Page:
A Struggle for Identity

There exists in me a troublesome dichotomy. Who am I? What is my value? While one can be their own harshest critic, you yourself often have the most information available to you, having direct access to the self, one’s feelings, one’s mind. When I turn my mind’s eye inward, I see but a small flame, enveloped by darkness. For me, as I have looked inwardly over the years, that flame has waxed and waned, but over time, grown weaker. It is a sobering idea to think that I am much less of the man I use to be.

But what if I don’t see things correctly. Perhaps, I am an inaccurate critic, despite the immediacy of my observation. Perhaps I am unfair? This past weekend, a good friend of mine, a priest and my confessor, suggested that I take an Ignatian examen of my day, every night before I should sleep. He wanted me to see the good things in my day, not in the spirit of self-congratulation, but in the hopes seeing perhaps what God sees in my daily life.  The idea was further corroborated by a dear friend who said in prayer “Allow him (me) to see, what I see.”

While I have to admit that this was extremely touching, I have found the concept to be surprisingly difficult to grasp. I find, that it is easy to joke about my feats, usually embellished by myself or by others, but to actually consider, internally, that I did something good an meaningful, is not easy. Inside, I don’t feel like I’m capable of any real good, or that I cannot hold that credit. It is confusing, because such feelings are simply illogical, because facts would show that at least, from time to time, I have done some good. Yet I refuse to feel pleasure or identity in such things. I’d rather consider that it is never enough.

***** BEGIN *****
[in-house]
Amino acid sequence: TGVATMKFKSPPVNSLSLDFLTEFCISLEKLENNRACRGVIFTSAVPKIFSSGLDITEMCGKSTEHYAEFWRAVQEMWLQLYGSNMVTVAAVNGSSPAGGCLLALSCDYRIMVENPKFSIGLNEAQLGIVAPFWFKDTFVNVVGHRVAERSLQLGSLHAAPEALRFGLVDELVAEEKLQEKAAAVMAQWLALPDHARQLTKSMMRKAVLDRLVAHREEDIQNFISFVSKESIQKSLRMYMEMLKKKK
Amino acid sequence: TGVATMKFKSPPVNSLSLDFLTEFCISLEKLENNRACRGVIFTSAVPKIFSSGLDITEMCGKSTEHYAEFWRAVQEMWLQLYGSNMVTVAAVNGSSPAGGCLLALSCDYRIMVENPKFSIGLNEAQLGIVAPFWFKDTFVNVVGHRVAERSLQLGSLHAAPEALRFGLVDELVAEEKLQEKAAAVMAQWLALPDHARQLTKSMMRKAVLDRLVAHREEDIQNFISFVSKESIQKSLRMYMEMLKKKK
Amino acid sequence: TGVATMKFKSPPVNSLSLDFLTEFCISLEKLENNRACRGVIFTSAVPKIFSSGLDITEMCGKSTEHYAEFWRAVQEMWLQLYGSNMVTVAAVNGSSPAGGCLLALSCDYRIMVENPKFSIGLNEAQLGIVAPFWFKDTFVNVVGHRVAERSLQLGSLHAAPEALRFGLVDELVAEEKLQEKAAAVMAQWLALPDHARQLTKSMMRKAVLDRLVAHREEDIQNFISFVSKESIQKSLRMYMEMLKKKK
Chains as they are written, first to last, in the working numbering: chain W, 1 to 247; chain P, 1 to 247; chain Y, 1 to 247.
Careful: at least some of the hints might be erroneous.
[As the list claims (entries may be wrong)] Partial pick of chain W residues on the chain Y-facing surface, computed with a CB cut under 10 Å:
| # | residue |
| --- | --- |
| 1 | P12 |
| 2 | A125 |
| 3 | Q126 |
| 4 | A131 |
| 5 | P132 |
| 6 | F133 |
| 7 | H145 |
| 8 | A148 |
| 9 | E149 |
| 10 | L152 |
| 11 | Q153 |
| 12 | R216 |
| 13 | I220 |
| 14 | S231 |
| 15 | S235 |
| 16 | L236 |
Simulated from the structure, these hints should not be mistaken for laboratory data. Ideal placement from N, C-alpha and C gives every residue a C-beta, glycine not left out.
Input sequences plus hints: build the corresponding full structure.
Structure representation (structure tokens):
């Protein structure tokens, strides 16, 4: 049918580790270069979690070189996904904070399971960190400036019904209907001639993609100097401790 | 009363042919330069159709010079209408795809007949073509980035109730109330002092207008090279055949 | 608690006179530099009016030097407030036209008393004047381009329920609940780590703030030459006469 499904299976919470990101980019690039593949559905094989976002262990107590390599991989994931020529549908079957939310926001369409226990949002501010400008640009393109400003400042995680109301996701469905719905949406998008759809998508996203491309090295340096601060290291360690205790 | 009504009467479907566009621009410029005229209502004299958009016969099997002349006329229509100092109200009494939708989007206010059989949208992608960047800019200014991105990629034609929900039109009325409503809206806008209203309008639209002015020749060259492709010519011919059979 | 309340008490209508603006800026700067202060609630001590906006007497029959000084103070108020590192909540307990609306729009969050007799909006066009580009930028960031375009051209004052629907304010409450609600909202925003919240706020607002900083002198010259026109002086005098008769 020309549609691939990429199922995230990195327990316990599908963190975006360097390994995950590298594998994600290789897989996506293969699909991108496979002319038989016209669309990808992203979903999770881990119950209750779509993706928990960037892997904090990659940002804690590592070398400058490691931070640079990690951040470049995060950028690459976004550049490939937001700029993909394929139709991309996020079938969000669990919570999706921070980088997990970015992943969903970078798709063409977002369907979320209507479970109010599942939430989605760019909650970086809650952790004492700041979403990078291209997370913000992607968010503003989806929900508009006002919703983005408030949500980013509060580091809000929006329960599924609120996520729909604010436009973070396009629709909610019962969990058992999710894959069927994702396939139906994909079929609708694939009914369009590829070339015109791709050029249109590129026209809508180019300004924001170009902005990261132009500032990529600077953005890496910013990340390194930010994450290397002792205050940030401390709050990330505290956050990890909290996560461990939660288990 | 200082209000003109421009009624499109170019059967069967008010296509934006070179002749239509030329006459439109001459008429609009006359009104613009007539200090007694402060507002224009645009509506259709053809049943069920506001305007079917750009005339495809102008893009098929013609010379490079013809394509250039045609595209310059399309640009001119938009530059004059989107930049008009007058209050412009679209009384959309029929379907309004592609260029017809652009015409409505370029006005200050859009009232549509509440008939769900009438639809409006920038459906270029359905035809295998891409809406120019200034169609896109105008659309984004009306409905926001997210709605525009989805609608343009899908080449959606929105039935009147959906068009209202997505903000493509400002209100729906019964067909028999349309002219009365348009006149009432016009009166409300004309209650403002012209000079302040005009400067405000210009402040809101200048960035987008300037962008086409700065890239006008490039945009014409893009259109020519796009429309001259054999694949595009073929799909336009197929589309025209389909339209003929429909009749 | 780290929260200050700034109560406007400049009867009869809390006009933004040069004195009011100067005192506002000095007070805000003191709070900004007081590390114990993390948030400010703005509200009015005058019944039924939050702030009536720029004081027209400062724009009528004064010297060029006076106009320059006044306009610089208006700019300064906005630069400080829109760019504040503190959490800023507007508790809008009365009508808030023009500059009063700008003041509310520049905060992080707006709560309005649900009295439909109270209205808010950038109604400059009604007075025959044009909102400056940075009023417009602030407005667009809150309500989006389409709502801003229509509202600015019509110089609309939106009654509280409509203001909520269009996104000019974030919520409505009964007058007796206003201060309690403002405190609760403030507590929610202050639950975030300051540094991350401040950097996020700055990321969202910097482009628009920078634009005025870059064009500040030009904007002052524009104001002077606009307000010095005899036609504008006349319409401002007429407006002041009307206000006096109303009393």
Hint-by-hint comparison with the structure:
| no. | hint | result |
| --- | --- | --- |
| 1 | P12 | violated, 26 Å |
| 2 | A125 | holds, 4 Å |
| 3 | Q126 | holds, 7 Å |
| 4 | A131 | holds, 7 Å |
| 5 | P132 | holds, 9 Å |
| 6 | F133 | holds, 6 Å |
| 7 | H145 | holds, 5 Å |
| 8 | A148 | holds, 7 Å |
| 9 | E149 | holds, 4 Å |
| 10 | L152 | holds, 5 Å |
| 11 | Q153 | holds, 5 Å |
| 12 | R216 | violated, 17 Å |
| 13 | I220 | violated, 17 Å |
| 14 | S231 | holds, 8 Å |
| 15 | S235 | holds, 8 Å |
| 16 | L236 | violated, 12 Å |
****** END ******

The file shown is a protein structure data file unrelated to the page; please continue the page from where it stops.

I may have mentioned it in previous confessions, but the closest analogy I can think of, in regards to my inner reflections on this, is that of a tool. A tool, whether it is a hammer, a drill, a calculator, or a super computer, does not appear to have any intrinsic value in it’s ability to do good. It simply does that as a result of its design and its purpose. It shall never feel good, nor will it decide that. It simply functions as it should. The analogy is incomplete of course, since I make decisions about good and bad all that time, but when I act in coherence with good, I think it nothing more than my purpose – thank me not for doing what I ought to have done, for it is simply my purpose.

I have faced this thought before, and it is difficult to shake. Part of my tells me that I must not shake the simplicity of  being an instrument. But if I am a creature forged by God, if I am a man in that image, than reducing myself to a tool is not only destructive to my true purpose, but it is ultimately blasphemous to the person of God. The Lion King, oddly enough, breathes a little life into that idea, when in the clouds Mufasa tells his son, Simba: “You have forgotten yourself, and in so doing you have forgotten me. Look inside yourself, Simba. You are more than what you have become.”

I must embrace my identity, and I must not forsake my own place in the whole.

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